VEMP was performed using Interacoustic Eclipse ‘EP15’ (Interacoustics, Denmark). The surface electrodes were placed as follows: the active (positive) electrode placed on both right and then left sided of the upper two-thirds of the sternocleidomastoid muscles, the inverting (negative) electrode placed on the upper sternum (suprasternal notch), and the ground electrode placed on the forehead. Two repeatable recordings were obtained for each condition. Participants were given 30–60 s to relax between each recording to avoid fatigue. During recording, the participant is instructed to raise his head and tilt it away from the stimulated side throughout the test to ensure good muscle tone. The VEMP responses were obtained by binaural acoustic stimulation and recorded from bilateral sternocleidomastoid muscles. Short tone burst was initiated at frequency of 500 Hz of a rarefaction polarity, with 4 ms rise/fall time and 2 ms plateau. Blackman ramp was used for stimulation. Intensity used is 95 dBHL presented through TDH39 headphones. Stimulus repetition rate is 5.1. The accepted number of response was 200. VEMP response was judged as either present or absent according to the presense or absence of P13–N23 biphasic response.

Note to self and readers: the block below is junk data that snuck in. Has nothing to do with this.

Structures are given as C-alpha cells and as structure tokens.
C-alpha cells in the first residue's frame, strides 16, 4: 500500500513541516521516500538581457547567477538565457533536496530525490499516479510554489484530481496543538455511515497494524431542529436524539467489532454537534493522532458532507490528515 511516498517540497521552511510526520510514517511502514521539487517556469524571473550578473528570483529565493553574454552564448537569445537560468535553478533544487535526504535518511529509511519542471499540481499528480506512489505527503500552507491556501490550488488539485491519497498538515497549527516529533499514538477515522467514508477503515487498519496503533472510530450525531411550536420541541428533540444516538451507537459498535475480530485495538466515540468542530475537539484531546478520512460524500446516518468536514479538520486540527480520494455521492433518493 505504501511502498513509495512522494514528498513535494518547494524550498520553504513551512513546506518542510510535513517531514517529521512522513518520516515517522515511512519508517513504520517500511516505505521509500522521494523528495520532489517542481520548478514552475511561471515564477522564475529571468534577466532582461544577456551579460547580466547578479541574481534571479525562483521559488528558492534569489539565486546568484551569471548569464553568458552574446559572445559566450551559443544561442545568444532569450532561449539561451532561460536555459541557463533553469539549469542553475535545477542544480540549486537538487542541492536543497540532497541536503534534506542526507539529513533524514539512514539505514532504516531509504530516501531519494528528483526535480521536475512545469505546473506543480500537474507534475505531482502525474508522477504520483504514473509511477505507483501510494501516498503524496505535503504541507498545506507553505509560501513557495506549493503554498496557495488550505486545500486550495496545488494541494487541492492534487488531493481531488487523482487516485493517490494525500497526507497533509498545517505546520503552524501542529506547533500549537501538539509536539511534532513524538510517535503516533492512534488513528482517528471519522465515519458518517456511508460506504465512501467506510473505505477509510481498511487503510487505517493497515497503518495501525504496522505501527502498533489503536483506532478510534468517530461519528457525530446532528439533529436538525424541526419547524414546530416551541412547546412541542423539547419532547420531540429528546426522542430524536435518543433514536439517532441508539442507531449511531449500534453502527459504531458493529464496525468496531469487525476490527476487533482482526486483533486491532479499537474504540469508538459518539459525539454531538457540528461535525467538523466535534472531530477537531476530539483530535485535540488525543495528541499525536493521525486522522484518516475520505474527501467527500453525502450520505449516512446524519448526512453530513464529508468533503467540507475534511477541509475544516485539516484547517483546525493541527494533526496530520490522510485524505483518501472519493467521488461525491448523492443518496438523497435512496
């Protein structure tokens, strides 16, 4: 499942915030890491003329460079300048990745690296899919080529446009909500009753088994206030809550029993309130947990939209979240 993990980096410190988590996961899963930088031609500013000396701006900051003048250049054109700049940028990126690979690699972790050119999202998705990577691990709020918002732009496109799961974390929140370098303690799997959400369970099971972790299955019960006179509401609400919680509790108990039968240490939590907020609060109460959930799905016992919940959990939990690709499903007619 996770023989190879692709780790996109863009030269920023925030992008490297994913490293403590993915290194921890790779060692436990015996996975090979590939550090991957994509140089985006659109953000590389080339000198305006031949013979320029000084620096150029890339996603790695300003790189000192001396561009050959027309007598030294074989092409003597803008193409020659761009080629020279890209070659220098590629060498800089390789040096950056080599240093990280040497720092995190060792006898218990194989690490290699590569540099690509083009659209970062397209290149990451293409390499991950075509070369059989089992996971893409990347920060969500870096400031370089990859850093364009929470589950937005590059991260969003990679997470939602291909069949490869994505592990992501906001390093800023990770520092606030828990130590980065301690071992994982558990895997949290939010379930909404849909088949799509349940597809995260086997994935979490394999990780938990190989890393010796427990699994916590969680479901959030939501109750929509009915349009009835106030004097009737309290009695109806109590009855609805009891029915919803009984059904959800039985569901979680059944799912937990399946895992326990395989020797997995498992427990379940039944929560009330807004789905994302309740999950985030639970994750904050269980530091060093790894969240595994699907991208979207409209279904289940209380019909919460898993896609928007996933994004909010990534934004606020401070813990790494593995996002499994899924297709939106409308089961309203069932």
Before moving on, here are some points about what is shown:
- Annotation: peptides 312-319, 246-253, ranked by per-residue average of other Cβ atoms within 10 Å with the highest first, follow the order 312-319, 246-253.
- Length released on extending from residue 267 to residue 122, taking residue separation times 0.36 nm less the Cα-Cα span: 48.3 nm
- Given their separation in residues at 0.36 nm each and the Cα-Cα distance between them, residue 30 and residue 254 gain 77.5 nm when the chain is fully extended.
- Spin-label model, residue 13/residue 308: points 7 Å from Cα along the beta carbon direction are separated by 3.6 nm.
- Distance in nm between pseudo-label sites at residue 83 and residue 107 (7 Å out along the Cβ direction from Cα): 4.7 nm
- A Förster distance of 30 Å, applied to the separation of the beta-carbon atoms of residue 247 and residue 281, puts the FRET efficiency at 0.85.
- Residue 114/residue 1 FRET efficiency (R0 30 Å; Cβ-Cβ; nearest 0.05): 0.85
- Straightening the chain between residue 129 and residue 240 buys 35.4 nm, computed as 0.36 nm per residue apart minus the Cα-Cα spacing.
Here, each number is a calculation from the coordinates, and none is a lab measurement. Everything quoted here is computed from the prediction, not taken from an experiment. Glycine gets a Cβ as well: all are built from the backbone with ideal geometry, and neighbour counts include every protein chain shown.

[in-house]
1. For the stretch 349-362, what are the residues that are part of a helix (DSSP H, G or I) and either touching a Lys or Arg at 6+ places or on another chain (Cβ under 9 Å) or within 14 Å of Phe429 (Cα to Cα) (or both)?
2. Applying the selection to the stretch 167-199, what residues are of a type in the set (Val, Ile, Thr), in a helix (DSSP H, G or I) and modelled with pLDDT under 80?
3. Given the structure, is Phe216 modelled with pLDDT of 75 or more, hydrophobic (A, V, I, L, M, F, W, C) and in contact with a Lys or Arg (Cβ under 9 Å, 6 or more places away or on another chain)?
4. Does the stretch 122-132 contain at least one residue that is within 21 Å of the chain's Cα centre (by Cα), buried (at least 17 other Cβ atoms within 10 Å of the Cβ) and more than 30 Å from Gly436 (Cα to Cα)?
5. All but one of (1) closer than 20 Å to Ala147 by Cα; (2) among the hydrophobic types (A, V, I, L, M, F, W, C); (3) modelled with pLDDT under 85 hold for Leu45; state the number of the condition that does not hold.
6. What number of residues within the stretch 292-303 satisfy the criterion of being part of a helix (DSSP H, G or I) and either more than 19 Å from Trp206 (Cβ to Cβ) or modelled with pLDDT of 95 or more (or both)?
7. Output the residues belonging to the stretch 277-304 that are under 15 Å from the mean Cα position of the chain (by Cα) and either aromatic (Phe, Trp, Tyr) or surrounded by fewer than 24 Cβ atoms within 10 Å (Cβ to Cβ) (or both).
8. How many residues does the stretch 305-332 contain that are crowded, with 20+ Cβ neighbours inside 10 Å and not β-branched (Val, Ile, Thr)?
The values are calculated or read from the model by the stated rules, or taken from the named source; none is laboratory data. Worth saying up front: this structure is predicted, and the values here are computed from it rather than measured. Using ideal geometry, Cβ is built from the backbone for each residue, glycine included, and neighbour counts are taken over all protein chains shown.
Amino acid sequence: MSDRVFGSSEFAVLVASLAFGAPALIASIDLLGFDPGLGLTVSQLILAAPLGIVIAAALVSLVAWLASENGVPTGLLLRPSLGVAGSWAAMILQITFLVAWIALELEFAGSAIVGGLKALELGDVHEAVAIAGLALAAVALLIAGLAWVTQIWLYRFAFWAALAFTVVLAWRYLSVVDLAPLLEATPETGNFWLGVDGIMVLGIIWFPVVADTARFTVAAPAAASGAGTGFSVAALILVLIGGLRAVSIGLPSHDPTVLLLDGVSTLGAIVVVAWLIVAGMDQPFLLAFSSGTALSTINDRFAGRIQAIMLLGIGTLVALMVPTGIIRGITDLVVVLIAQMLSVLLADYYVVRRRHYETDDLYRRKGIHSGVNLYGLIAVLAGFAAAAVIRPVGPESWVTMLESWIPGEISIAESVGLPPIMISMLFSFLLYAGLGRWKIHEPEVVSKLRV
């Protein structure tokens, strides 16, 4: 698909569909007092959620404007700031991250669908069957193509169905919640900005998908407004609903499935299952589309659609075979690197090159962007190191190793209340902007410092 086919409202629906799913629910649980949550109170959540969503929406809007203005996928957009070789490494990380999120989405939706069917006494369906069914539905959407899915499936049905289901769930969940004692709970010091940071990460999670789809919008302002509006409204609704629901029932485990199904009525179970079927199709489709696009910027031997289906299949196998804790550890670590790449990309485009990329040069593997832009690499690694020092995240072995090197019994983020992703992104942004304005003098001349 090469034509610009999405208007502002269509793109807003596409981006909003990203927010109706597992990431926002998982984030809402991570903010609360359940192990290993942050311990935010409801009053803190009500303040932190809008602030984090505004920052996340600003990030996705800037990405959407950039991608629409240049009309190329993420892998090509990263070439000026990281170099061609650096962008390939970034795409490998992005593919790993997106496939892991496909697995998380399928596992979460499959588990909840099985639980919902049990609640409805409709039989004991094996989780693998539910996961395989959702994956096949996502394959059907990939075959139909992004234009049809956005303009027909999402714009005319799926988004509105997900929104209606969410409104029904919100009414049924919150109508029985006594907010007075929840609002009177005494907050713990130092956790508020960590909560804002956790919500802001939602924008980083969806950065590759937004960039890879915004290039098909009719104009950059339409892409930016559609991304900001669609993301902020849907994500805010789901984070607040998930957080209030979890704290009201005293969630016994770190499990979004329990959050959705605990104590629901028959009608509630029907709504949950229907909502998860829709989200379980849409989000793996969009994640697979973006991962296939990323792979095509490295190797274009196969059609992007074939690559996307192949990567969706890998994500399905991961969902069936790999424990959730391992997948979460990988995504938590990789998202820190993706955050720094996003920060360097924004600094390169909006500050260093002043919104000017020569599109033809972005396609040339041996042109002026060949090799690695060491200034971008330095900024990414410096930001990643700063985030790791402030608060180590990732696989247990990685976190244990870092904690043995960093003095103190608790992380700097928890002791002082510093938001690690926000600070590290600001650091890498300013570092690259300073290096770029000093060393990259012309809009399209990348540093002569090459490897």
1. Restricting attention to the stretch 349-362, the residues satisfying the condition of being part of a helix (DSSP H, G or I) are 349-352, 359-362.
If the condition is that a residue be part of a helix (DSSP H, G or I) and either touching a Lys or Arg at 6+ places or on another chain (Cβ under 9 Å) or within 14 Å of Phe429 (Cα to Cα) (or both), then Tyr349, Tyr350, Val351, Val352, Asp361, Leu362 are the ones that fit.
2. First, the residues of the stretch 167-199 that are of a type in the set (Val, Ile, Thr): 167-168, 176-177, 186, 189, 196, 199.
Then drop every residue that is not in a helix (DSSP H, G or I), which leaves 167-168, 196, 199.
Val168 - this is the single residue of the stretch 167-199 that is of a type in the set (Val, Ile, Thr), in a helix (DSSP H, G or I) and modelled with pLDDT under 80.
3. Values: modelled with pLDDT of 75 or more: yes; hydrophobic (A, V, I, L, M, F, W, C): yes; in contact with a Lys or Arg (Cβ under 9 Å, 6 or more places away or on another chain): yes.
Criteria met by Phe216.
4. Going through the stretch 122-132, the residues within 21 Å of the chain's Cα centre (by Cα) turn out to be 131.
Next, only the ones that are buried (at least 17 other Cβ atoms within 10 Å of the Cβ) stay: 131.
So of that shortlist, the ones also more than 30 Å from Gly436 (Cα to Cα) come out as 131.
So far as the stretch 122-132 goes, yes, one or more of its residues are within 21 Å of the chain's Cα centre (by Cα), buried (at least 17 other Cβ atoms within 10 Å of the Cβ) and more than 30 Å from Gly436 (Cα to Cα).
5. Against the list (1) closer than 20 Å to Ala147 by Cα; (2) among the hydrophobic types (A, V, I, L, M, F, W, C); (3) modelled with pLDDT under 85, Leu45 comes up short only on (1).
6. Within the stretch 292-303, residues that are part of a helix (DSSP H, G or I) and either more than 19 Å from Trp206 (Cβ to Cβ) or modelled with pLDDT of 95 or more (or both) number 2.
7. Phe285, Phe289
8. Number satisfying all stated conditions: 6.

Statistical methods

The data were coded and entered using the statistical package for the social sciences version 15 (SPSS v 15; SPSS Inc., Chicago, Illinois, USA). Descriptive statistics were reported as mean±SD for continuous variables and number (%) for categorical variables. Student’s t-test was used for comparison between means of two groups of quantitative variables. χ2-Test was used for comparison between two groups of categorical data or frequency of events. The Pearson correlation coefficient (r) was used to describe the degree of relationship between two variables. The sign of correlation coefficient (+, −) defines the direction of the relationship, either positive or negative. The probability/significance value of greater than or equal to 0.05 is not statistically significant and less than 0.05 is statistically significant.


  Results Top


The mean age of patients with MS was 36.80±4.514 years, whereas the mean age of controls was 34.40±6.43 years. Overall, 65% (n=13) of the included patients with MS were females and 35% (n=7) were males. Regarding controls, 60% (n=6) of the included participants were females and 40% (n=4) were males ([Table 1]).
Table 1 Demographics of patients with multiple sclerosis and controls